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FMLA 101 – Maternity Leave


Posted by Tamara

The federal Family and Medical Leave Act of 1993, or FMLA, applies to employers with 50 or more workers within 75 miles. The FMLA requires that an employer give an employee up to 12 weeks of unpaid, job-protected leave in a 12-month period, for one of three reasons:

For the employee’s own serious health condition

For the employee to care for a spouse, parent or son or daughter under 18 with a serious health condition

For the care of a newborn child, a newly adopted child or a newly place foster child, within the child’s first year of birth or placement

Many states like Iowa do not have any family leave law or maternity leave entitlement other than the FMLA.

Under the FMLA, the employee’s group health insurance must be continued on the same basis as it was while the employee was actively at work. The employer must continue to pay their portion of the health insurance premium. Employees can still be required to pay their portion of the premium.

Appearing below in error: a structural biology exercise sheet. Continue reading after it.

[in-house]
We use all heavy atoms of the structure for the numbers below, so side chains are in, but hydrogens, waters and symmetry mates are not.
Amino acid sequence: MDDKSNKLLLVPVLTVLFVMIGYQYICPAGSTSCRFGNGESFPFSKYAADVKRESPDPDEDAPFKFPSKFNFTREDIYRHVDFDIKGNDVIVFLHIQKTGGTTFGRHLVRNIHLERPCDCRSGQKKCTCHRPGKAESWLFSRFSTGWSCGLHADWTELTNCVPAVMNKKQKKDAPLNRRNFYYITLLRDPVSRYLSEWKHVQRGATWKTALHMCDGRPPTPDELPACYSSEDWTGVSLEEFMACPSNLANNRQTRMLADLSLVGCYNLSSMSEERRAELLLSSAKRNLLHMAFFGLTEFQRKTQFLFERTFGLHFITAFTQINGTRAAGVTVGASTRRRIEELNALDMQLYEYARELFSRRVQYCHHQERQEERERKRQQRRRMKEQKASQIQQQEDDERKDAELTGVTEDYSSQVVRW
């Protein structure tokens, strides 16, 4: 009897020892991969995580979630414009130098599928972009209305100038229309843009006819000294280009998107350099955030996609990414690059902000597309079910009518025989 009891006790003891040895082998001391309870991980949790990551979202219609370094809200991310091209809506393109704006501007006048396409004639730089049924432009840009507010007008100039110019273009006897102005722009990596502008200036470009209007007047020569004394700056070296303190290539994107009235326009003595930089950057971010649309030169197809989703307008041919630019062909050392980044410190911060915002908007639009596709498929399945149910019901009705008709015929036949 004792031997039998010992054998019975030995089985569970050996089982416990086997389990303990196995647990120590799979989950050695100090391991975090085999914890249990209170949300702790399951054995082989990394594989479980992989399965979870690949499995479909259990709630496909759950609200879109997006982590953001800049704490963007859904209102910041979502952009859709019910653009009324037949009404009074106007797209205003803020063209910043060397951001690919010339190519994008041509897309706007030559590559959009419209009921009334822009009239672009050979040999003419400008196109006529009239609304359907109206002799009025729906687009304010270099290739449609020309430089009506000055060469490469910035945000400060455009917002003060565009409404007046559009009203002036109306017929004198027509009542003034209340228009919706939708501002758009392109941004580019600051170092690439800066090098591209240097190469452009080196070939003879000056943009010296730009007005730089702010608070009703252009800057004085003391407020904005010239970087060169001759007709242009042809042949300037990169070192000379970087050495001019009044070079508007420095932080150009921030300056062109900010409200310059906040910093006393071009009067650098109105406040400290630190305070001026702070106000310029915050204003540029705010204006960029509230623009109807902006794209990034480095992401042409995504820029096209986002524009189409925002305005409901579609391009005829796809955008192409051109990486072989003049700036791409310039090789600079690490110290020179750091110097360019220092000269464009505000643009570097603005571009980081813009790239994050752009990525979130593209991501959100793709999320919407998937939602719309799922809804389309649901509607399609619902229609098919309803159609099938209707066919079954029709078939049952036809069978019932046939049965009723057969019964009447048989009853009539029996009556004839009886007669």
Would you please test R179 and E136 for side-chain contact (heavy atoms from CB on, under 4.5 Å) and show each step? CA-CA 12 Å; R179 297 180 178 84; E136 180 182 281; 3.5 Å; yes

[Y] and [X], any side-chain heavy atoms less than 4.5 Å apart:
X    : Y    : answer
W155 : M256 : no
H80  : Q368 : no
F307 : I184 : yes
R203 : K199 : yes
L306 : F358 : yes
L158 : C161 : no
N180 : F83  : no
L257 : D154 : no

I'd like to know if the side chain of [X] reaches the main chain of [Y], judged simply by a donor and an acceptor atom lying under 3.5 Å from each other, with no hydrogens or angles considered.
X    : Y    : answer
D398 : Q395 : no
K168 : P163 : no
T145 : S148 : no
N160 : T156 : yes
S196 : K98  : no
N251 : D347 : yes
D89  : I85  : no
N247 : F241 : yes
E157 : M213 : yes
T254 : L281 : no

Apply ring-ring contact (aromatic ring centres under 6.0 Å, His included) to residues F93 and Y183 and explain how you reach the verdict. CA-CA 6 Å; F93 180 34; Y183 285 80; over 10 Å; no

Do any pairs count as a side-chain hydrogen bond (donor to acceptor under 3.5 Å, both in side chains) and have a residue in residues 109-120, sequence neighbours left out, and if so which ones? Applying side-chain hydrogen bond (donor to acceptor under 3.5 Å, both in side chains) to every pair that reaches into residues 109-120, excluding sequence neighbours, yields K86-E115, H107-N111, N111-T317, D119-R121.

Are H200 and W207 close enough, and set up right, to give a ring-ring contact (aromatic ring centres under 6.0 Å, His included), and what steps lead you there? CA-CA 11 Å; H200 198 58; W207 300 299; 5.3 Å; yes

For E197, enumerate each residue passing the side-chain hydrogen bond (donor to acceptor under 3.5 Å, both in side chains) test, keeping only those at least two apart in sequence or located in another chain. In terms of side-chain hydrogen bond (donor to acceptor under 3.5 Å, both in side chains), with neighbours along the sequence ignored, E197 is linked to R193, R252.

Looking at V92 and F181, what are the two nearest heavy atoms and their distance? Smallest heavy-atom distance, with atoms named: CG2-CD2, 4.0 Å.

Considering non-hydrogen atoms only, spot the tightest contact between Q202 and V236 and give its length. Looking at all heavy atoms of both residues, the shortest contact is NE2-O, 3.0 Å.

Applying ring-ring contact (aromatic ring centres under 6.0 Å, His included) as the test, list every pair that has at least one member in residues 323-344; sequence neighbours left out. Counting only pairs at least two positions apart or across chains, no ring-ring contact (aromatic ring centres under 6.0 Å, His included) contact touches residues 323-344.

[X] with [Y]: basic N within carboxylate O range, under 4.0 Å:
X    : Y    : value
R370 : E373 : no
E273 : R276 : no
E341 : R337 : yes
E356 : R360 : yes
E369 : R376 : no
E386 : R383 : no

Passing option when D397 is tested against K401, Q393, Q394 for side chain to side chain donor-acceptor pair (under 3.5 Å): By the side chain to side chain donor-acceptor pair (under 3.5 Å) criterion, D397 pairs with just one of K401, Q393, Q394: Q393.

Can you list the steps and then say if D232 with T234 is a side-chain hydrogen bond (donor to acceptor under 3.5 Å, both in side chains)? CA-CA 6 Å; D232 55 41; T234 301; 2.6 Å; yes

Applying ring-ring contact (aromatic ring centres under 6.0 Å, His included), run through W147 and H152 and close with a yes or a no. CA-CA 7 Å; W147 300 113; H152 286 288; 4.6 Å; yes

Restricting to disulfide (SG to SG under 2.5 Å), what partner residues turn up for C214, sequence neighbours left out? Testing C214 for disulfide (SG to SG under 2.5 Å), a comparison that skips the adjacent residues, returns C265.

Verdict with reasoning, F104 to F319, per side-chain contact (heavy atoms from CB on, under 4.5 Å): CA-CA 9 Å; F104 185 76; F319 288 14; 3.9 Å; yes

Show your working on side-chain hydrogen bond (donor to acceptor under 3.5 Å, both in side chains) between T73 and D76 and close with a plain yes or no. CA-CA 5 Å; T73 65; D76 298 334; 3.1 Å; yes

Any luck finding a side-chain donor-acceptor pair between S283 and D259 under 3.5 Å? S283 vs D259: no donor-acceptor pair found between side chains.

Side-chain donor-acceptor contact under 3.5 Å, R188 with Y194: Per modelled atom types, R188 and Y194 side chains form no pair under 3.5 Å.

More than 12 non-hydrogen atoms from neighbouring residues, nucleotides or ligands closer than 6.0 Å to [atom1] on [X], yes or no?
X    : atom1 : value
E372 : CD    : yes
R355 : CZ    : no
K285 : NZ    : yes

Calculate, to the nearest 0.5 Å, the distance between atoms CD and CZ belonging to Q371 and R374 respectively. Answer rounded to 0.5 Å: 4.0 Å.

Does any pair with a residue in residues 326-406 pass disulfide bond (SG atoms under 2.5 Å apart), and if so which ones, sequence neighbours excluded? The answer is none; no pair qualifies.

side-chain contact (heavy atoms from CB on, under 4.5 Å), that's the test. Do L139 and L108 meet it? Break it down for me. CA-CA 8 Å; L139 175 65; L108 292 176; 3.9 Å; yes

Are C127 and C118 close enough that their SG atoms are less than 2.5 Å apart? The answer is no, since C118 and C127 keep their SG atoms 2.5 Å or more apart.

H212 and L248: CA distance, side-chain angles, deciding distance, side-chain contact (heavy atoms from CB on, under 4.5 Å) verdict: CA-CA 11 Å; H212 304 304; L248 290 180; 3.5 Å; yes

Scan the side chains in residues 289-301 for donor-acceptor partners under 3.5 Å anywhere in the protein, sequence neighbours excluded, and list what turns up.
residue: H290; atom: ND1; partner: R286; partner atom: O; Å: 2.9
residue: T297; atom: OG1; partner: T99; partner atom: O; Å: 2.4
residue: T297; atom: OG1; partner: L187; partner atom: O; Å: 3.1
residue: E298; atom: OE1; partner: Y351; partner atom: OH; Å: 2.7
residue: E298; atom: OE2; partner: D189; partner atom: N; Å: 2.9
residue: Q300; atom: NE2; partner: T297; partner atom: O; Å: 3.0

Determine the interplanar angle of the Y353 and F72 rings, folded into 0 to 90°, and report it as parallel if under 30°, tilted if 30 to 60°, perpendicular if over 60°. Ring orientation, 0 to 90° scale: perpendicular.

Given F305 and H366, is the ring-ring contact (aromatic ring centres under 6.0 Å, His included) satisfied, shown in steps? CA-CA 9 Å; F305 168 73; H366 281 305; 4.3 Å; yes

An employee must be returned to his or her job after FMLA ends. If this is impossible, the employee must be returned to a similar job with the same hours, benefits, duties and wages. Usually, this means the same job. However, in some cases the employee can be given a very similar job. Suppose Jose is the manager of a retail store. While he is on FMLA, the store burns down. When Jose returns, he is assigned to a new store with the same hours, benefits and wages as his old job.

An employer cannot terminate an employee for taking FMLA. Nor can time off under FMLA be counted as non-attendance for disciplinary reasons.

An employee taking FMLA for a serious health condition or to care for a spouse with a serious health condition can use the leave either continuously or intermittently. An employer can require that an employee taking FMLA to care for a new child use the leave continuously.

The term “serious health condition” covers many different situations. Mental illness such as bipolar disorder and depression may be a serious health conditions, as well as drug addiction and alcoholism. Pregnancy is always a serious health condition. So are cancer, a stroke, heart attack, etc.

Any health condition that requires hospitalization, surgery, or continuing medical treatment, is usually a serious health condition. 

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